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The greatest quarterback of all time conversation

Tom Brady's recent Super Bowl win brings up this question.

Joe Camporeale-USA TODAY Sports

Johnny Unitas

The Case For: Unitas was a three-time NFL Champion, including in 1958, when the Baltimore Colts won the Greatest Game Ever Played in overtime. He was a 10-time Pro Bowler and three-time Pro Bowl MVP (back when that meant something), four-time NFL MVP, five-time first team All-Pro, two-time second team All-Pro. He made 1960's NFL All-Decade Team, NFL 50th and 75th Anniversary All-Time Team. His No. 19 Colts jersey is retired, and the Baltimore Ravens have not issued that number since Scott Mitchell wore it in 1999. 1979 Hall of Fame inductee. His records for Pro Bowl appearances stood until Brett Favre broke it in 2009. His record for most consecutive games with a touchdown pass (47) lasted until 2012 when Drew Brees broke it. His record of four consecutive games with a passer rating of 120 still hasn't been broken. Unitas was a passer who was ahead of his time.

The Case Against: Nothing against him specifically, but Unitas and the Baltimore Colts only came away with one Super Bowl during the rest of his career, and Earl Morrall replaced him after he suffered a concussion in the first quarter.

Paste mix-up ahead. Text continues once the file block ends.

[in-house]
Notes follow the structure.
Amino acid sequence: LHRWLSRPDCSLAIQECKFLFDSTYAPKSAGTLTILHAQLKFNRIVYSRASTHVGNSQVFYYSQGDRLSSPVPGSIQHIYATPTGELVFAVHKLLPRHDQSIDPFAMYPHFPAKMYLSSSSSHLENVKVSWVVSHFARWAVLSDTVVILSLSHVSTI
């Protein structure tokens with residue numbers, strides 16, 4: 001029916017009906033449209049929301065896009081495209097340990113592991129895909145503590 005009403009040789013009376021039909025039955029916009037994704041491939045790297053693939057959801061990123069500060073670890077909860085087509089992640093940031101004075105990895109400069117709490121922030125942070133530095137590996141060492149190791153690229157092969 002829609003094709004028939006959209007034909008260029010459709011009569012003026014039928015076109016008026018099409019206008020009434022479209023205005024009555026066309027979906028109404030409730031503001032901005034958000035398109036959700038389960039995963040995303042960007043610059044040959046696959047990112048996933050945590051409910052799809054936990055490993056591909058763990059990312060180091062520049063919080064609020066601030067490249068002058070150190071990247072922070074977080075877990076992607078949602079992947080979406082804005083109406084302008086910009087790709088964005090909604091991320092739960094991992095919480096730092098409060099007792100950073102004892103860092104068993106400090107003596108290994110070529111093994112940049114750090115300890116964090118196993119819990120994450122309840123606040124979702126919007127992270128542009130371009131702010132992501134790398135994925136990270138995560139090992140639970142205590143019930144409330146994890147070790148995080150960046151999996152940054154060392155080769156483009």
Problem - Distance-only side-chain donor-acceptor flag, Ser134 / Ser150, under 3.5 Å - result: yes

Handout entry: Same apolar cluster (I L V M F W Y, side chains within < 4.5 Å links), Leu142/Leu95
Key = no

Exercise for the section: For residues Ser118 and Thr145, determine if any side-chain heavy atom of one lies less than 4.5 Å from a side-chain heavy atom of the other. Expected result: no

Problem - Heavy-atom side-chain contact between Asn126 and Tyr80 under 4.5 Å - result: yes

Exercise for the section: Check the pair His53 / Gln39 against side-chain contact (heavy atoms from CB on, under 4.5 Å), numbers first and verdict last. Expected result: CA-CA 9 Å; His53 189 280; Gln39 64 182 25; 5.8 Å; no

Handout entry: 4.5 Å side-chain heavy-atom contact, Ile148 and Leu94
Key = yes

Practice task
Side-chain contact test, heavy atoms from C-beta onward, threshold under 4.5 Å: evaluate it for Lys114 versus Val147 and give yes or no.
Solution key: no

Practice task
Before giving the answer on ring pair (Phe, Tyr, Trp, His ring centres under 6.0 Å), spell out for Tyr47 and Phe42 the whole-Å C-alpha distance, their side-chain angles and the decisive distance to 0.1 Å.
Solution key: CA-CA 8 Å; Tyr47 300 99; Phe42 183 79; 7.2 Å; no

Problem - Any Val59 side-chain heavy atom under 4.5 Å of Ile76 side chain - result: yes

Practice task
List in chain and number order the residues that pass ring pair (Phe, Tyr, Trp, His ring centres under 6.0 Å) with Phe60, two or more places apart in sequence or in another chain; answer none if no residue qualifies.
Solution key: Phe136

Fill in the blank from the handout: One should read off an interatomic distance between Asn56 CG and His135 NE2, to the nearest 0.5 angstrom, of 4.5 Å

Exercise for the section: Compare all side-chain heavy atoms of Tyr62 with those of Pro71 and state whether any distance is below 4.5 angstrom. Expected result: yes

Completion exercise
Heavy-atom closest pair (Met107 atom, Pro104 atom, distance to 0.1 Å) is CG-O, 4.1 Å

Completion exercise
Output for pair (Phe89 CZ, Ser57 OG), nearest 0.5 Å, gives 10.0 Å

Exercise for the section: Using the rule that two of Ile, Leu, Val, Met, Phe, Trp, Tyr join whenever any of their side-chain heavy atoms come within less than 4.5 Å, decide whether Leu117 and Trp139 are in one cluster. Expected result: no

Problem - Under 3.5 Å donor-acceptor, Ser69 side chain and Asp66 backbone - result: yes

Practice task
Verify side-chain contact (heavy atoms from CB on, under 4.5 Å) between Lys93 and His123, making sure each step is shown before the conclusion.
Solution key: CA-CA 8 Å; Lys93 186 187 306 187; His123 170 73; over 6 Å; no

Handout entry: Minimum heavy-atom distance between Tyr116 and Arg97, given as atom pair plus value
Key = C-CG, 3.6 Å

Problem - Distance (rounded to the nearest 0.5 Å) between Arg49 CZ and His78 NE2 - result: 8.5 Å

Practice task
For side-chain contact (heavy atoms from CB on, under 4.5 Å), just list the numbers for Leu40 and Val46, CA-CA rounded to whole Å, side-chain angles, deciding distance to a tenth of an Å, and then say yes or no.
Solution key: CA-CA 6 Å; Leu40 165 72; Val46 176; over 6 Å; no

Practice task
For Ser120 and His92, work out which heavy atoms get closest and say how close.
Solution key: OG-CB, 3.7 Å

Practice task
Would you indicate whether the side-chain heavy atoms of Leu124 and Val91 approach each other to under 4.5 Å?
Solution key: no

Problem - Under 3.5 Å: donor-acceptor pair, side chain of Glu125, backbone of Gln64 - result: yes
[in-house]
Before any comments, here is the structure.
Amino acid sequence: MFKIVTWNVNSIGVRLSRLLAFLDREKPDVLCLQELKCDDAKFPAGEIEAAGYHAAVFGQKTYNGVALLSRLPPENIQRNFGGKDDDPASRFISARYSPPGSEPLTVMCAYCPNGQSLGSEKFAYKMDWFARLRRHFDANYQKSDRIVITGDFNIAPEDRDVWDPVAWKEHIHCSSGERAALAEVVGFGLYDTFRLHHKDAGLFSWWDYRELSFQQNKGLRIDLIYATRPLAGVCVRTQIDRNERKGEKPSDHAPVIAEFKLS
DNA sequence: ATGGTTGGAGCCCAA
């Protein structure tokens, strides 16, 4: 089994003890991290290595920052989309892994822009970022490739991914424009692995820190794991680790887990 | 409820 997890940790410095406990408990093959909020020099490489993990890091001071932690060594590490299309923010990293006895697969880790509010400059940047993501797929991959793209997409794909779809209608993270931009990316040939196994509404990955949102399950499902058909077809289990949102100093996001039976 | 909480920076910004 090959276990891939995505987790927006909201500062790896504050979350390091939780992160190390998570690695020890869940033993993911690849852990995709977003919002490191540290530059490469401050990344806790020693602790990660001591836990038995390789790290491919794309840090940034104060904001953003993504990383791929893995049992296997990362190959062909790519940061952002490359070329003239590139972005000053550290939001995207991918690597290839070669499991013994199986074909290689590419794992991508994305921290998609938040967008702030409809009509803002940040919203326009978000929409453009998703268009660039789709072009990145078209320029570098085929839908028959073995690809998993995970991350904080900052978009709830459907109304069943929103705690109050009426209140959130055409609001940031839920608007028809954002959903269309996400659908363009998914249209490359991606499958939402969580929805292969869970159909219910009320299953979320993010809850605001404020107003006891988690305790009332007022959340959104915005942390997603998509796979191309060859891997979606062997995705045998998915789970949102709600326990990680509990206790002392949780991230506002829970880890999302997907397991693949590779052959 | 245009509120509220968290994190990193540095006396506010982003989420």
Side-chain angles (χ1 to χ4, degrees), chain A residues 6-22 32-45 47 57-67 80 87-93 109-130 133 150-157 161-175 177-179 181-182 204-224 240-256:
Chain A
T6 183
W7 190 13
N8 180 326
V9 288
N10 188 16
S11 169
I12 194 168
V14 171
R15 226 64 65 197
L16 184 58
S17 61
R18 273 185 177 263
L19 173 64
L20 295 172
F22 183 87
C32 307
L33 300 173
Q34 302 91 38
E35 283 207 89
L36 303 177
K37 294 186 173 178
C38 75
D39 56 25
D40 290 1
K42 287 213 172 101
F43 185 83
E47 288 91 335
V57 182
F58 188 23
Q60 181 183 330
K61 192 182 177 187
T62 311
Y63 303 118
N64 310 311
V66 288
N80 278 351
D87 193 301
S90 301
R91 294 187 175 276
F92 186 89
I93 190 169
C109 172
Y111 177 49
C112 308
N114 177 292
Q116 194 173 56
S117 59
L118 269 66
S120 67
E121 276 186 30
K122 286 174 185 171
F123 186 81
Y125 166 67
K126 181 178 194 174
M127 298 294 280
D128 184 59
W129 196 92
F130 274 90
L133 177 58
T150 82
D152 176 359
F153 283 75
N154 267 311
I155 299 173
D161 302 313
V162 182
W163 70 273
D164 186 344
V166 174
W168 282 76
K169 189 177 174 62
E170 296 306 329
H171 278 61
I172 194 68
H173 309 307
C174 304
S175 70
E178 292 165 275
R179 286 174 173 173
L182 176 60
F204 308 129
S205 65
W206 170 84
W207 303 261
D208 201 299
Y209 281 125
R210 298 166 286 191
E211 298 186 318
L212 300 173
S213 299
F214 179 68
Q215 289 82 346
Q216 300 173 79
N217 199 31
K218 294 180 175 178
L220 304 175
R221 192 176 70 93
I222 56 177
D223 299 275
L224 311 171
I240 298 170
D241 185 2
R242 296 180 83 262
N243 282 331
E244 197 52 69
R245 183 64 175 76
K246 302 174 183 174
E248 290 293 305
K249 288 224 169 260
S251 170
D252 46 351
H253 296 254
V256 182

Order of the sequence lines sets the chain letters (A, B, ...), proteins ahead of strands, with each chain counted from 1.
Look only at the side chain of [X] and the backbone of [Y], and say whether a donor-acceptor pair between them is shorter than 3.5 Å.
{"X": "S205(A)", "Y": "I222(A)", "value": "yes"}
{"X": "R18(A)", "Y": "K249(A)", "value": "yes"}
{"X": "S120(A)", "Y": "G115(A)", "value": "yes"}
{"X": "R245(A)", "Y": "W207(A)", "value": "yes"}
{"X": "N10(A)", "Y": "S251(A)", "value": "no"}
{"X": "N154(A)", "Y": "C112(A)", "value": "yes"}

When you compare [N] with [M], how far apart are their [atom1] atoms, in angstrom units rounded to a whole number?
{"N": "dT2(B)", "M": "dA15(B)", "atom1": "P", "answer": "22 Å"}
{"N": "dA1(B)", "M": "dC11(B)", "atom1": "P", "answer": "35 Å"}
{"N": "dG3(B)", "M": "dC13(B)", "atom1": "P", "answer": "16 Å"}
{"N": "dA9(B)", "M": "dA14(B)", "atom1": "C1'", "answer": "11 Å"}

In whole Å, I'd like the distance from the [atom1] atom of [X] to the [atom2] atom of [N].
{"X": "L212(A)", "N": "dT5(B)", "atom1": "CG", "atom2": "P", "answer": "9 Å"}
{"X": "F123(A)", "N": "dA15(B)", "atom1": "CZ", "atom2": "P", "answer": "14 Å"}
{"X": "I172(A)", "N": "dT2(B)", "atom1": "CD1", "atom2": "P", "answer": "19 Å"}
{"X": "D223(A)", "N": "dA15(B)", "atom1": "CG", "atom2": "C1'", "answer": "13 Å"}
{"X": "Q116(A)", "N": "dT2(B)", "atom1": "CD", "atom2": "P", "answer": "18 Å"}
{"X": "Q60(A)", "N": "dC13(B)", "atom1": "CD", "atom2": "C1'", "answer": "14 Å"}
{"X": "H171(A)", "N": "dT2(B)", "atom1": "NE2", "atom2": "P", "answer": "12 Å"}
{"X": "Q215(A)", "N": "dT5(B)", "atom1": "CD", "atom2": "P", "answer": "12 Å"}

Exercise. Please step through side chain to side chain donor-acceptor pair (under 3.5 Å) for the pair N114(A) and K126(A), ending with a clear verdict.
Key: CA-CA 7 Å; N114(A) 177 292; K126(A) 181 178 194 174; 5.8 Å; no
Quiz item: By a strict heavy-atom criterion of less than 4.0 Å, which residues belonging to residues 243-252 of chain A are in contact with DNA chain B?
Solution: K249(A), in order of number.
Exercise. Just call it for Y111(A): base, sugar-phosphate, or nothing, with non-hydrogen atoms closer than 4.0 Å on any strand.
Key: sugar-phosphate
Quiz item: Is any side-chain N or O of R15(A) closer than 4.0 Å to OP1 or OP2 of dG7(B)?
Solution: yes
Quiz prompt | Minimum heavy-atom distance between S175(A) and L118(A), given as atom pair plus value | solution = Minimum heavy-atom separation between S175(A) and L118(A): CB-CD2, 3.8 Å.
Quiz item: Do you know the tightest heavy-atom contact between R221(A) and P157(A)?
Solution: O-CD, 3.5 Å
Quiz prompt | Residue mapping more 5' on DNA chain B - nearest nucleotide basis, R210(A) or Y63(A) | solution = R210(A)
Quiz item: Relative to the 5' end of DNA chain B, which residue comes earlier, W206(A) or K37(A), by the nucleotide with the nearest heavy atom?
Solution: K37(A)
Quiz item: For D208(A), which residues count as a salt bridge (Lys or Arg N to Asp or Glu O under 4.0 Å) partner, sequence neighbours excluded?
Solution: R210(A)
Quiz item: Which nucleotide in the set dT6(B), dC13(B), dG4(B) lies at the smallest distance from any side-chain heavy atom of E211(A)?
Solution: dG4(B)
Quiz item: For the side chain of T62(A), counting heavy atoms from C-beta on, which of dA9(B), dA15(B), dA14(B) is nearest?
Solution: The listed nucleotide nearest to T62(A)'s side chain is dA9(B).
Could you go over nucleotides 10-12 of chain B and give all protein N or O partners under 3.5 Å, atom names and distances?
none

Joe Montana

The Case For: Four-time Super Bowl winner, three-time Super Bowl MVP, eight-time Pro Bowler, three-time first team All-Pro, two-time NFL MVP, two-time second team All-Pro, NFL 1980's All-Decade Team, NFL 75th Anniversary Team, Hall of Fame Inductee in 2000. Statistically, he's the second best postseason QB ever, and his record of 12 playoff games with a passer rating over 100 still stands. His San Francisco 49ers No. 16 jersey is retired.

The Case Against: Tom Brady has surpassed most of his postseason records. and has as many Super Bowl rings and MVPs as Montana now.

John Elway

The Case For: Two-time Super Bowl winner, one-time Super Bowl MVP, nine-time Pro Bowler, two-time second team All-Pro, 1987 NFL MVP, 1990's All-Decade Team. His Denver Broncos No. 7 jersey retired. Hall of Fame inductee in 2004. Fourth-winningest QB ever, sixth best rushing QB ever and fifth most prolific QB ever.

The Case Against: Elway lost three Super Bowls in horrific fashion, and fared poorly in all of them.

Dan Marino

The Case For: Nine-time Pro Bowler, three-time first team All-Pro, three-time second team All-Pro, 1984 NFL MVP, first QB to throw for 5,000 yards in a single season (1984). He was the first QB to throw for 40 touchdowns (48 in 1984) of his records still stand, including most games with 400 yards passing. He also has the most seasons leading the league in completions, most seasons leading the league in the lowest sack percentage, 100 touchdown passes in fewest games, and 200 touchdown passes in fewest games.

The Case Against: Many of his records have been surpassed and he made it to only one Super Bowl and lost it.

Brett Favre